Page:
Friday, 25 October 2013

When Faith Meets Pedagogy

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Today I was very fortunate to attend the Conference "When Faith Meets Pedagogy."  It was a day to engage in personal and professional reflection as guest speakers shared many messages about the conference's theme - Opening the Doors of Faith.  
One of the presentations was on Inquiry based learning and Religious education.  In an inquiry based learning environment, the teacher's role is that of facilitator, helping and guiding the children in their explorations.  With that in mind, we help students grow spiritually, academically and socially through the materials and resources we provide.  Our role is that of nurturing children to discover their "God given" talents and gifts, so that they, in turn, can share these gifts with others.  This idea was also conveyed by Jean Vanier, fouder of L'Arche who, through video presentation, spoke to us about our very important role as Catholic Educators.  We are called to spread love - love to all those we meet, especially our students.  We love them deeply and wholly.  The Catholic faith is not rooted in symbols or statues, it is essentially rooted in a person, Jesus.  He is our inspiration and our teacher.  He taught us the most fundamental gift - how to love, and that we are all worthy of love.  As educators, we are doing his work, and are trying to be "Jesus" the teacher for our students, so that they, in turn, may love themselves and others.

What might that look like, feel like, or sound like in an inquiry based program?  Essentially, how do we as Catholic educators foster a relationship between the child and God?
We do this by inviting God into our lives and into our classrooms.
It might look like naming where we see Jesus in the students.  For example, "When you helped (friend) do up his zipper, I saw Jesus."  This may lead to students modelling this language with each other.  It might lead to a social story, or class book, thereby targeting language curriculum expectations as well as social/emotional expectations.  
It might involve socio-dramatic play involving aspects such as a mini altar (they had a "My Mass Kit" fabric set for young learners), scripture stories, dramatizations of religious stories or songs.  The important part here is the co-creation of centres.  Students are involved in the building 'process' of learning, and in the physical building of the centre.  So, for example, after reading the Nativity story, you may lead students in making a list of items/things/people that were present.  Pull in literacy and mathematics into the process by creating/finding the stated items (ex. manger, Jesus 'doll'), generate new vocabulary, label what you find/make, number or order your items, and recreate the story (sequencing) through dramatic role play.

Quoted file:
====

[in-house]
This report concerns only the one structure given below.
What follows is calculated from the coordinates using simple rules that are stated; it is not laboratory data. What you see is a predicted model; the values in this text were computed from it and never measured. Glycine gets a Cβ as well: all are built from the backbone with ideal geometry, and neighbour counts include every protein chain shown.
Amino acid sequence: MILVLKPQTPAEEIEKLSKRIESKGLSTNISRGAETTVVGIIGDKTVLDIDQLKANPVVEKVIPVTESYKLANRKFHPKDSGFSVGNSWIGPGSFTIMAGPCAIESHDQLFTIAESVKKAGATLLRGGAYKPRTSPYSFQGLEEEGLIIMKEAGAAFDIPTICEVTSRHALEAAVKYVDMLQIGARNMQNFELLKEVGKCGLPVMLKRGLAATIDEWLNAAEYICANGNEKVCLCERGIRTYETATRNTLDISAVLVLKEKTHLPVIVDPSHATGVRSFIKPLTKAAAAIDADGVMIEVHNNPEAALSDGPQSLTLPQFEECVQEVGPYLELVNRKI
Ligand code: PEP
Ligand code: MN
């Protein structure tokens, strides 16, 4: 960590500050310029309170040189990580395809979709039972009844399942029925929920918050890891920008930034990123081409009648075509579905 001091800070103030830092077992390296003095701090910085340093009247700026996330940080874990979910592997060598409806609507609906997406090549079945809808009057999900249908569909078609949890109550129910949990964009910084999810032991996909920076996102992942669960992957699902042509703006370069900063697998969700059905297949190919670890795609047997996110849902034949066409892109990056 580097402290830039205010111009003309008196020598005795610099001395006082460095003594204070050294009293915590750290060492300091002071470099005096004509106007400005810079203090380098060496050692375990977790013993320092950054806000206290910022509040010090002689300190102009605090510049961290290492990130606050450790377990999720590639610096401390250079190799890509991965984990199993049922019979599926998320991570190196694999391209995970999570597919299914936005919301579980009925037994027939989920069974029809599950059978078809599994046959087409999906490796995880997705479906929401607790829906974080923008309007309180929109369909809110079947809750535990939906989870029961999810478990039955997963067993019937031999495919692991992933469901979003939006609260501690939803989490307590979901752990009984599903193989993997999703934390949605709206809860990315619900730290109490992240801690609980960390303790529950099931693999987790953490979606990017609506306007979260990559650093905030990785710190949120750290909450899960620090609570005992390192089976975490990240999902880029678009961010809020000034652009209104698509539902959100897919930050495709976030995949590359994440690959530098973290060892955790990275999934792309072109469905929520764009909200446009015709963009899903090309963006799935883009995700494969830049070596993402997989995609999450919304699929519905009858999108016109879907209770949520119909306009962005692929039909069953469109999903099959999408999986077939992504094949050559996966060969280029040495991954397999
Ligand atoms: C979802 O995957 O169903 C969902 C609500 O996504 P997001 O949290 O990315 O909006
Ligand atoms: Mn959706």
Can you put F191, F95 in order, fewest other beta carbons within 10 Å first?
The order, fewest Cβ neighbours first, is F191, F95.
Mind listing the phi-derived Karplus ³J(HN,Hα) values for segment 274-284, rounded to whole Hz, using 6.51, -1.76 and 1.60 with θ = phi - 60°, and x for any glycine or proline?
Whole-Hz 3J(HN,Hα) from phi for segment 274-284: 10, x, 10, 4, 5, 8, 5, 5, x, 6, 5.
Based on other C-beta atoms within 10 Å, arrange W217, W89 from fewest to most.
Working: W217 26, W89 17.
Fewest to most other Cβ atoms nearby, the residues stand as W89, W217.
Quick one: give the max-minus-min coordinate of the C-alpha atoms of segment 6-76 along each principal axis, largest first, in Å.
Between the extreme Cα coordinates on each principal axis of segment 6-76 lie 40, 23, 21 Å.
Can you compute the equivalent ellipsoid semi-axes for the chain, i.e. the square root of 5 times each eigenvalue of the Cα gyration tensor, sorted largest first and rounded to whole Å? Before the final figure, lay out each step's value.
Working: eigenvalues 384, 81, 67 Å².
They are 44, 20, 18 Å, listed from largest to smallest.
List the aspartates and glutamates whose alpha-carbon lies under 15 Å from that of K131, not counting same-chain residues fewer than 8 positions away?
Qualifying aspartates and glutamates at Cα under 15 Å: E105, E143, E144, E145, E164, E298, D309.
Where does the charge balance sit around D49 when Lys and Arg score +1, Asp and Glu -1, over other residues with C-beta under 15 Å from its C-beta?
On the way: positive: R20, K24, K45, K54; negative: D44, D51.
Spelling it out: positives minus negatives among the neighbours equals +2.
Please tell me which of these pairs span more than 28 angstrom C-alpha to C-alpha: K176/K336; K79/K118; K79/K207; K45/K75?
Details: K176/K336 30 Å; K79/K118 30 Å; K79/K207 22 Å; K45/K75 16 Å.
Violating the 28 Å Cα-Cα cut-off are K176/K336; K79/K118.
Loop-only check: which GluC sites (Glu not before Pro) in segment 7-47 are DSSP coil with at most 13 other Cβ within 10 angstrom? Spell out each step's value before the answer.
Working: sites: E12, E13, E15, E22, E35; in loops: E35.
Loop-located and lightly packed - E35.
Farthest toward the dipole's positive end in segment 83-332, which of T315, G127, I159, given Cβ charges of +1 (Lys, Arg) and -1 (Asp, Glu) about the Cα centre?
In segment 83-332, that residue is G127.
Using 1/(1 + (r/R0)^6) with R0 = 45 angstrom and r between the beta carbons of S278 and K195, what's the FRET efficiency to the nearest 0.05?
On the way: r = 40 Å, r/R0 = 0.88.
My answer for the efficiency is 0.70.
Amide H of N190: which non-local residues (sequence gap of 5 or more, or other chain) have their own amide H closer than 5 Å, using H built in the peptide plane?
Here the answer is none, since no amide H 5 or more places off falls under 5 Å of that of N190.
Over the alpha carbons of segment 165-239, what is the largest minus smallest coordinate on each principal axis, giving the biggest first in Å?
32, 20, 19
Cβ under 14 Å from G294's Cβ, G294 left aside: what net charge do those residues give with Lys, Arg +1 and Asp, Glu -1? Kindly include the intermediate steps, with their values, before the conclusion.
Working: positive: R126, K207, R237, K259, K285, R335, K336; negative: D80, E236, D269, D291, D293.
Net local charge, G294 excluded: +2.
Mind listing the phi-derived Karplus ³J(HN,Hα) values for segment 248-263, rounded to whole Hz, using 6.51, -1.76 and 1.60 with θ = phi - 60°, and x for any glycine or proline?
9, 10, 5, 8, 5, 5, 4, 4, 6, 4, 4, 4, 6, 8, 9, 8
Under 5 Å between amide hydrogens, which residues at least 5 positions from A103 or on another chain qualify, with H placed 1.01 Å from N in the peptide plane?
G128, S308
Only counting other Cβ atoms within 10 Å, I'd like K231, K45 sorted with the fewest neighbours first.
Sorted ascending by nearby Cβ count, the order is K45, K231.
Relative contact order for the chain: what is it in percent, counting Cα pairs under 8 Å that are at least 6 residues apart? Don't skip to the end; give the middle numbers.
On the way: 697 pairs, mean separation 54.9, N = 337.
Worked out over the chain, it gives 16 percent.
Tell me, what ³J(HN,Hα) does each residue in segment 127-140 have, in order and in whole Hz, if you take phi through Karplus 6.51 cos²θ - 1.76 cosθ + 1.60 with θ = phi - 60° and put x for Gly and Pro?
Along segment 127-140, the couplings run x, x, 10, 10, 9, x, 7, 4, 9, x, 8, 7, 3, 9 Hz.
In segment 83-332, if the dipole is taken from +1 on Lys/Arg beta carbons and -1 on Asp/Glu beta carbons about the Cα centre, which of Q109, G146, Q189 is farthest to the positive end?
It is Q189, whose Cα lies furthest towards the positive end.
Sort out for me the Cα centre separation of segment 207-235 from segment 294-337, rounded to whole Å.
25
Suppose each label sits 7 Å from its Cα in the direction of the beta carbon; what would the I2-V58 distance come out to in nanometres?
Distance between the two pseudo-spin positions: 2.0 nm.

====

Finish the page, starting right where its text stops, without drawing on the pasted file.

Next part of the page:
Fostering faith through play might involve visual arts.  One example was to give students various mediums - pipe cleaners, buttons, gears, play dough, lego, etc. and have them make a cross or other religous symbol.
Faith is fostered through the language we use.  One idea was shared regarding conflict resolution.  I've heard many Catholic educators ask students "What would Jesus do?" to students involved in disputes, but this idea takes the verbal prompt a little further.  One teacher had a mirror in the classroom, and whenever students were in conflict they were to go to the mirror and ask themselves or their friend "What would Jesus do?"  This allowed them to calm, self-regulate, reflect and problem solve more independently.  Brilliant!  Another idea was the phone with the direct line to Jesus.  1-800-CALL-JESUS.  Also brilliant!  You call Jesus on the 'phone' when you're having trouble and 'listen' to how He would help you.  
The beauty of an inquiry based approach to learning is that you can truly see the potential of each child when they are free to reach their own personal best.  Not everyone's 'best' will be the same, because as it was noted today by one guest speaker - we are God's work in progress.  We are his work under construction.  If we see the children in our care in this way, we can begin to foster their God given talents by recognizing that we all have something to offer.  This brings me back to the theme of love.  Each of us, whatever we have to offer, is worthy of love and deserves to feel loved and be loved.  In offering this love to our students, as Christ loves us, and knowing that Christ lives in us and through us, "we are an alleluia from head to toe." (Michael Way Skinner)  What a great message!  

I want to leave you with a video (click here) that was shared with us today, that was inspiring!  We didn't have the title presented to us, so we didn't know what was being created!  Talk about God given talents!  Go share yours today!

And...for my give-away
The lucky number is #5 Lori Raines!
Check your inbox for the Vowels pack that has been sent your way.
Thank you to everyone who played along!

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